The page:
Ball One – One day chases need to be planned
When Leicestershire set off in pursuit of Somerset’s huge 323-3 in the YB40, they needed a plan. Though the old cliches about taking each ball as it comes and playing five over blocks and then assessing the match situation hold true, one day cricket moves too quickly to allow the game to drift while old-fashioned ideas like “playing yourself in” and “going through the gears” are indulged. Captain Josh Cobb and fellow opener Greg Smith caught the eye with their opening partnership of 235 in less than 25 overs, but they were clearly playing to a plan. At no point in the 39 overs Leicestershire required to overhaul Somerset’s total were they behind their opponents’ score at the same stage of the innings and, having started with an asking rate of just over 8 runs per over, Cobb and Smith got it down to 6 point something by the 11th over and it never went above that again. Execution of a clear plan meant that risks were minimised – only two sixes were scored in the entire Leicestershire chase – and the loss of wickets could be absorbed. Ashley Giles and Alastair Cook might look and learn.
Ball Two – Fortune favours the brave
All seven county championship matches were drawn. Though the weather played a part and others will blame the re-introduction of the heavy roller, perhaps the attitude of captains and clubs is the greatest reason for that disappointing statistic. Northants’ Alex Wakely, deputising for Stephen Peters, is an inexperienced captain, but surely someone should have had a word and told him to declare about 100 runs on with the best part of two sessions left in the match. Had his bowlers got amongst Hampshire’s batting unit, they could have caused a bit of panic and maybe, just maybe, forced the win with a late charge to get say 70 or so in 9 overs. In any case, the risk of losing was negligible, but Northants batted out time for the tamest of draws. They stay top of the table – but surely missed a slim chance to go further away.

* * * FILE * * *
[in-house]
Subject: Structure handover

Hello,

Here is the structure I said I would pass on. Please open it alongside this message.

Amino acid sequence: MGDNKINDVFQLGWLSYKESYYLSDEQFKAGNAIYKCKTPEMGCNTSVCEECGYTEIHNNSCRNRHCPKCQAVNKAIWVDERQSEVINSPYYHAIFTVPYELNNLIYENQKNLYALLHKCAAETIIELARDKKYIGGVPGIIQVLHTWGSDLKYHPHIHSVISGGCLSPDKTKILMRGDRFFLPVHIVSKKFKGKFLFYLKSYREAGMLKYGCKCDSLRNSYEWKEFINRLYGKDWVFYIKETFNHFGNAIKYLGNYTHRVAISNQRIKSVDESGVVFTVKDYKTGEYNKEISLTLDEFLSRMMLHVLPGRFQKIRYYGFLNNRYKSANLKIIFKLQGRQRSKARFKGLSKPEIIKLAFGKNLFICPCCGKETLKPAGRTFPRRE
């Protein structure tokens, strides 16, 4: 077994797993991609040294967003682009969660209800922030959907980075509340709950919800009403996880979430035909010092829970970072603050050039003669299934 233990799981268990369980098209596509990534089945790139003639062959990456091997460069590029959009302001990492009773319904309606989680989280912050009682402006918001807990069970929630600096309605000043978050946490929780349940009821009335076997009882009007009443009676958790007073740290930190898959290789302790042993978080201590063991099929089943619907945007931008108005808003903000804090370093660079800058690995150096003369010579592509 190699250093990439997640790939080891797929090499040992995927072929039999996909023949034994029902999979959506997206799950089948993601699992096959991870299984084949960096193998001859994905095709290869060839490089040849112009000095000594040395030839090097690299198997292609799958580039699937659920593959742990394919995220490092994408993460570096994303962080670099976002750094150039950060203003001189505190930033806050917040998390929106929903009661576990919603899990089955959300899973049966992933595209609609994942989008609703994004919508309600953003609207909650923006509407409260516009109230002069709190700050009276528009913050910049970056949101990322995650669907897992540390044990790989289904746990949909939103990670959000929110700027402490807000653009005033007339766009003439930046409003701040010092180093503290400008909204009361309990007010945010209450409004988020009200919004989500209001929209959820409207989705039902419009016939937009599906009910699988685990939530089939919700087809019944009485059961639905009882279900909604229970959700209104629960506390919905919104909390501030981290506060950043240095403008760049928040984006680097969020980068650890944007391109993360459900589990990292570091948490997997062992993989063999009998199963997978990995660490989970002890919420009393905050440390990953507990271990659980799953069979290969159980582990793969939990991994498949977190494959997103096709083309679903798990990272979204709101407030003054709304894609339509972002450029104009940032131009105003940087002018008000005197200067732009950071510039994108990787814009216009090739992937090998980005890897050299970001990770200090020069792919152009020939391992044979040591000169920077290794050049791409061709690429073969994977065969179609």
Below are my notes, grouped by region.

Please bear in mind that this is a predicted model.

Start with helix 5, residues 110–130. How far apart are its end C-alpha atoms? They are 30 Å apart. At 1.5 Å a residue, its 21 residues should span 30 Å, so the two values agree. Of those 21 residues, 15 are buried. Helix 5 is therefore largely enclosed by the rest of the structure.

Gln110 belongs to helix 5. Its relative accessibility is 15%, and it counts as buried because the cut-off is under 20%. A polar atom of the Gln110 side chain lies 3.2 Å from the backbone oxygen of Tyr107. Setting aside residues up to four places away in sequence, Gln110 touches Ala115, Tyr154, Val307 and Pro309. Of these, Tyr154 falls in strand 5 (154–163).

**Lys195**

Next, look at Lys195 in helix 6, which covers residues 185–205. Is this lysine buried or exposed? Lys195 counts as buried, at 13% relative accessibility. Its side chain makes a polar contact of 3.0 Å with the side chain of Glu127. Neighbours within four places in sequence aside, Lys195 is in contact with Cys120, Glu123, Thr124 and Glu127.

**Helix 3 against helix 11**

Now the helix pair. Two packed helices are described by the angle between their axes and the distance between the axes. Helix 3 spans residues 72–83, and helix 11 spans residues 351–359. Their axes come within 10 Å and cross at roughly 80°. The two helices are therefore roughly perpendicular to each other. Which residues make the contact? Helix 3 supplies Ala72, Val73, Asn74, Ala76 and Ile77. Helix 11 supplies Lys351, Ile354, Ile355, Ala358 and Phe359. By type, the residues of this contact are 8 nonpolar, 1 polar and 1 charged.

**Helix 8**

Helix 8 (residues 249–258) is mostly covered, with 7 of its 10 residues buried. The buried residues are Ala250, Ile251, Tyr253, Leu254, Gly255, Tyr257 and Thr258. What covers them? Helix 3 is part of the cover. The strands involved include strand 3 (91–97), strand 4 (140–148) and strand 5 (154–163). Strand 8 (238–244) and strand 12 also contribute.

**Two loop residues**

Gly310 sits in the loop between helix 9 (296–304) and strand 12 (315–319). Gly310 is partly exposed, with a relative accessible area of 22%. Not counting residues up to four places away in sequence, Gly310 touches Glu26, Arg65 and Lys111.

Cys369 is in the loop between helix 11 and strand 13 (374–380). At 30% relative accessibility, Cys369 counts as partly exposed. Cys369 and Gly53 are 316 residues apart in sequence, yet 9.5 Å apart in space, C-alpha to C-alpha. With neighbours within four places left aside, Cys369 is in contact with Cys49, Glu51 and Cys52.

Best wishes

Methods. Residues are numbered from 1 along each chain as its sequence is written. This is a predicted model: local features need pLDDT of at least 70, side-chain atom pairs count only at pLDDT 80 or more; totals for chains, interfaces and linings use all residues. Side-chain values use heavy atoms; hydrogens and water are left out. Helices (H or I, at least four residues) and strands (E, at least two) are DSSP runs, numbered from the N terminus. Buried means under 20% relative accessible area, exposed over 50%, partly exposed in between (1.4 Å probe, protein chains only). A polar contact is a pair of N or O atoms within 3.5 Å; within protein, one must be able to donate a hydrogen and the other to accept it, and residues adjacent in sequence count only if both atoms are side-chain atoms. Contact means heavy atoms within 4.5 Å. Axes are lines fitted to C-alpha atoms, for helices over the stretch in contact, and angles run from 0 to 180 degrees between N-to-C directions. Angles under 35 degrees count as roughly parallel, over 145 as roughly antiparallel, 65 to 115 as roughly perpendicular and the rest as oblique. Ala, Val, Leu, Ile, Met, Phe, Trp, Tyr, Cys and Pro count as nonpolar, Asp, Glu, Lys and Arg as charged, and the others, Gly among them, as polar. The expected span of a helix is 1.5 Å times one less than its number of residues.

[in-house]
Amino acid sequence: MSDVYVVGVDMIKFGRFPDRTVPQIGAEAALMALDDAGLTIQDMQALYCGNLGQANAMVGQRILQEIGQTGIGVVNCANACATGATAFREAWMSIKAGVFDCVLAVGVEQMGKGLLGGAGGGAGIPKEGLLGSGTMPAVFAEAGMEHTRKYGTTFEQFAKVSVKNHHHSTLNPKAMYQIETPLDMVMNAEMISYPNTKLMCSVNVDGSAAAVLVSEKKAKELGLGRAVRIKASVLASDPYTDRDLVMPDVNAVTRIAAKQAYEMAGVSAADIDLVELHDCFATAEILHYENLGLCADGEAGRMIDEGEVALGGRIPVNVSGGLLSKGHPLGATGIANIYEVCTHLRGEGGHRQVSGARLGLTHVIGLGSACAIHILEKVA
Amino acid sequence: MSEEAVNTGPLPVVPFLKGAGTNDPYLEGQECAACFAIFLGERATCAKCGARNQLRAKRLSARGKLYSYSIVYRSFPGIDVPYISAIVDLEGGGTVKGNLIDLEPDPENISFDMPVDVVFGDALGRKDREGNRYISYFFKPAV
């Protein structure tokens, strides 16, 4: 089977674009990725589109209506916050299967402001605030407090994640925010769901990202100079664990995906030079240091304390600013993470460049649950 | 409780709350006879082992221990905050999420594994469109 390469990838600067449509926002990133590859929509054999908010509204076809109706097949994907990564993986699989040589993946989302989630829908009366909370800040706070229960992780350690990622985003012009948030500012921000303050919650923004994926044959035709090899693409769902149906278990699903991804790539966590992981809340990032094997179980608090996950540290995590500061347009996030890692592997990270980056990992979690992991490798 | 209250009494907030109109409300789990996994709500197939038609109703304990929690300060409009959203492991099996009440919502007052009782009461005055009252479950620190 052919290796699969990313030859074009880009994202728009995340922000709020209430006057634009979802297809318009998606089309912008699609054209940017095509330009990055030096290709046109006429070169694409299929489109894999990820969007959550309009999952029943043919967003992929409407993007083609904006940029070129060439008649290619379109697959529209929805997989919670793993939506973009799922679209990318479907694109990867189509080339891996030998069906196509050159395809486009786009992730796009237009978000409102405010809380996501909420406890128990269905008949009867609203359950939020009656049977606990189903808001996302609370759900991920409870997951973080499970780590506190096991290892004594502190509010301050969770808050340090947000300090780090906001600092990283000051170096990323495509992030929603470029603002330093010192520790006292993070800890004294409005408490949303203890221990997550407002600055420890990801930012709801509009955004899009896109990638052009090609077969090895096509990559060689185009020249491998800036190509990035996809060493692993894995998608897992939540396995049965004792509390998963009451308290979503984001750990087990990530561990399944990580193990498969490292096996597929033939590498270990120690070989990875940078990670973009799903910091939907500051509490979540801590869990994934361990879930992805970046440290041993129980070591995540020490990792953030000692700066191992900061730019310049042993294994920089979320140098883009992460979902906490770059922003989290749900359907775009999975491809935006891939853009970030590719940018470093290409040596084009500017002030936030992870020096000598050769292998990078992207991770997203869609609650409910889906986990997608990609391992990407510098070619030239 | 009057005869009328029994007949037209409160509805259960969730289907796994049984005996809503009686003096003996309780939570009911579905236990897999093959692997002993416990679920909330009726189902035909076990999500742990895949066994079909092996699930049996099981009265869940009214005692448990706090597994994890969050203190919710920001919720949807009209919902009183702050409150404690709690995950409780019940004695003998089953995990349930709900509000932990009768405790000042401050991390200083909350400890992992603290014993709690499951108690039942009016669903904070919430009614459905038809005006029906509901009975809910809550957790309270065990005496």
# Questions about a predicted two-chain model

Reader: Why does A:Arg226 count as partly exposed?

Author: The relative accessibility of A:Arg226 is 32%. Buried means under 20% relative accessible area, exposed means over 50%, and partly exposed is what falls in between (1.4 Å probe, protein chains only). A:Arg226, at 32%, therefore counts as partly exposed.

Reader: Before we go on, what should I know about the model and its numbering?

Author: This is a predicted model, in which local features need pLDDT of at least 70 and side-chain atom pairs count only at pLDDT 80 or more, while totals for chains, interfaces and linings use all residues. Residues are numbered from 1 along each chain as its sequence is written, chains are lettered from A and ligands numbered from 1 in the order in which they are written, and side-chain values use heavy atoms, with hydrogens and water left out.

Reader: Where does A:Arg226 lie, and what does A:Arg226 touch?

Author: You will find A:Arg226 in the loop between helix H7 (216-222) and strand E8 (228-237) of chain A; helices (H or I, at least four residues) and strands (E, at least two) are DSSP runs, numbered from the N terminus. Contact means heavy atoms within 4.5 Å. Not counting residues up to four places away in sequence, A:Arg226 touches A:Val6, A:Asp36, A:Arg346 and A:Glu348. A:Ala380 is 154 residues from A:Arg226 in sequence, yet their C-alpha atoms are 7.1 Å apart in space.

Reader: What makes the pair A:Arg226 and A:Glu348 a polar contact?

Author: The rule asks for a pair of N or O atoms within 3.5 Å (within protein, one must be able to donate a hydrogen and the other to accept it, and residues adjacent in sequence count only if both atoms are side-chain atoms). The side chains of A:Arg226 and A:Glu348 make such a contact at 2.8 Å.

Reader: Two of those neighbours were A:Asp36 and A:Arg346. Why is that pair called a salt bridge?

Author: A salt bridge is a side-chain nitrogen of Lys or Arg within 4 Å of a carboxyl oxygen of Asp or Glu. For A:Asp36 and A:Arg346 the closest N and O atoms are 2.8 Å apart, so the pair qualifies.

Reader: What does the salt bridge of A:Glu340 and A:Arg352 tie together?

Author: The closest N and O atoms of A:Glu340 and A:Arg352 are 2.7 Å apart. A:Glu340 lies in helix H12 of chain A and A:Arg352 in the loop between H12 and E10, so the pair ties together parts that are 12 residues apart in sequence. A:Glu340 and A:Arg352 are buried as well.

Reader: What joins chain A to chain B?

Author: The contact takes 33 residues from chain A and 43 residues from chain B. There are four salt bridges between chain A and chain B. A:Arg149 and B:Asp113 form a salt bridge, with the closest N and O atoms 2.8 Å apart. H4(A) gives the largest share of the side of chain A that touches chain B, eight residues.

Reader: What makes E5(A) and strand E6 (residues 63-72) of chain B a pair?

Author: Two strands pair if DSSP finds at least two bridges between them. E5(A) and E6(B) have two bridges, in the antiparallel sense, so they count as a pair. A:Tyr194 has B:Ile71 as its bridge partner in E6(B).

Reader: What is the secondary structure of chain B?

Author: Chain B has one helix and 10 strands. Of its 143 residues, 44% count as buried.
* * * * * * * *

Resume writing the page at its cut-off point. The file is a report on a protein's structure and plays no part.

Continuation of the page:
Ball Three – Two old Ashes adversaries show that they still have it
Faced with a similar match situation to Alex Wakely, Surrey’s captain, grizzled old pro Gareth Batty, did declare, but Derbyshire batted 39 overs comfortably before it was handshakes all round. Two familiar names starred on the scoresheet – there was an eight wicket match haul for Chris Tremlett and a 192 from Ricky Ponting. While the tall seamer can have realistic hopes of an Ashes recall if he maintains fitness and form (given the fact that England bowlers are already picking up injuries), the Tasmanian has ruled himself out of a shock suspension of his retirement. At least that’s how things stand now…
Ball Four – Simon Kerrigan is learning his trade
Though Lancashire could not conjure another last-gasp Liverpool victory of the kind that characterised their title-winning season of 2011, they had spinner Simon Kerrigan to thank for getting so close against an admirably obdurate Gloucestershire, who finished nine down, well adrift of their target of 359. Kerrigan returned match figures of 63.2 – 18 – 133 – 7 and has already sent down 165 overs by the beginning of June. Still only just turned 24, Kerrigan has plenty of bowling behind him and will only get better – to the advantage of Lancashire and (maybe) England.
Ball Five – Whither Saj Mahmood
If Chris Tremlett can look towards an England recall if he can retain his fitness, a younger fast bowler is more worried about his county place than regaining England honours. At Essex looking for a new start after his Lancashire career had fizzled out in the same way it did for England, Saj Mahmood played his second Championship game for his new county this week. Having scored a useful 54 with the bat, he must have felt confident when taking the ball as first change – but 10 – 0 – 60 – 0 tells its own story, as does just the one wicket in Division Two this season, going at nearly five an over. Saj always had the weaponry to excite coaches – especially 90mph man Duncan Fletcher – but he could never quite get everything pointing in the right direction. Maybe now, he never will.
Ball Six – Associate Nations players make a point
The upcoming Champions Trophy avoids the sprawl of the World Cup partly through its format and partly through its exclusion of Associate Nations (ie those countries not playing Test cricket). That closed club of eight strikes at the heart of sport’s claim to be a meritocracy, even if cricket is just too minor and too complex a sport at world level to sustain a single playing field for all countries. Perhaps smarting a little at the exclusion, Holland’s Ryan ten Doeschate belted 180 for Essex and Ireland’s Paul Stirling wasn’t far behind with 132 for Middlesex. Point made gentlemen.
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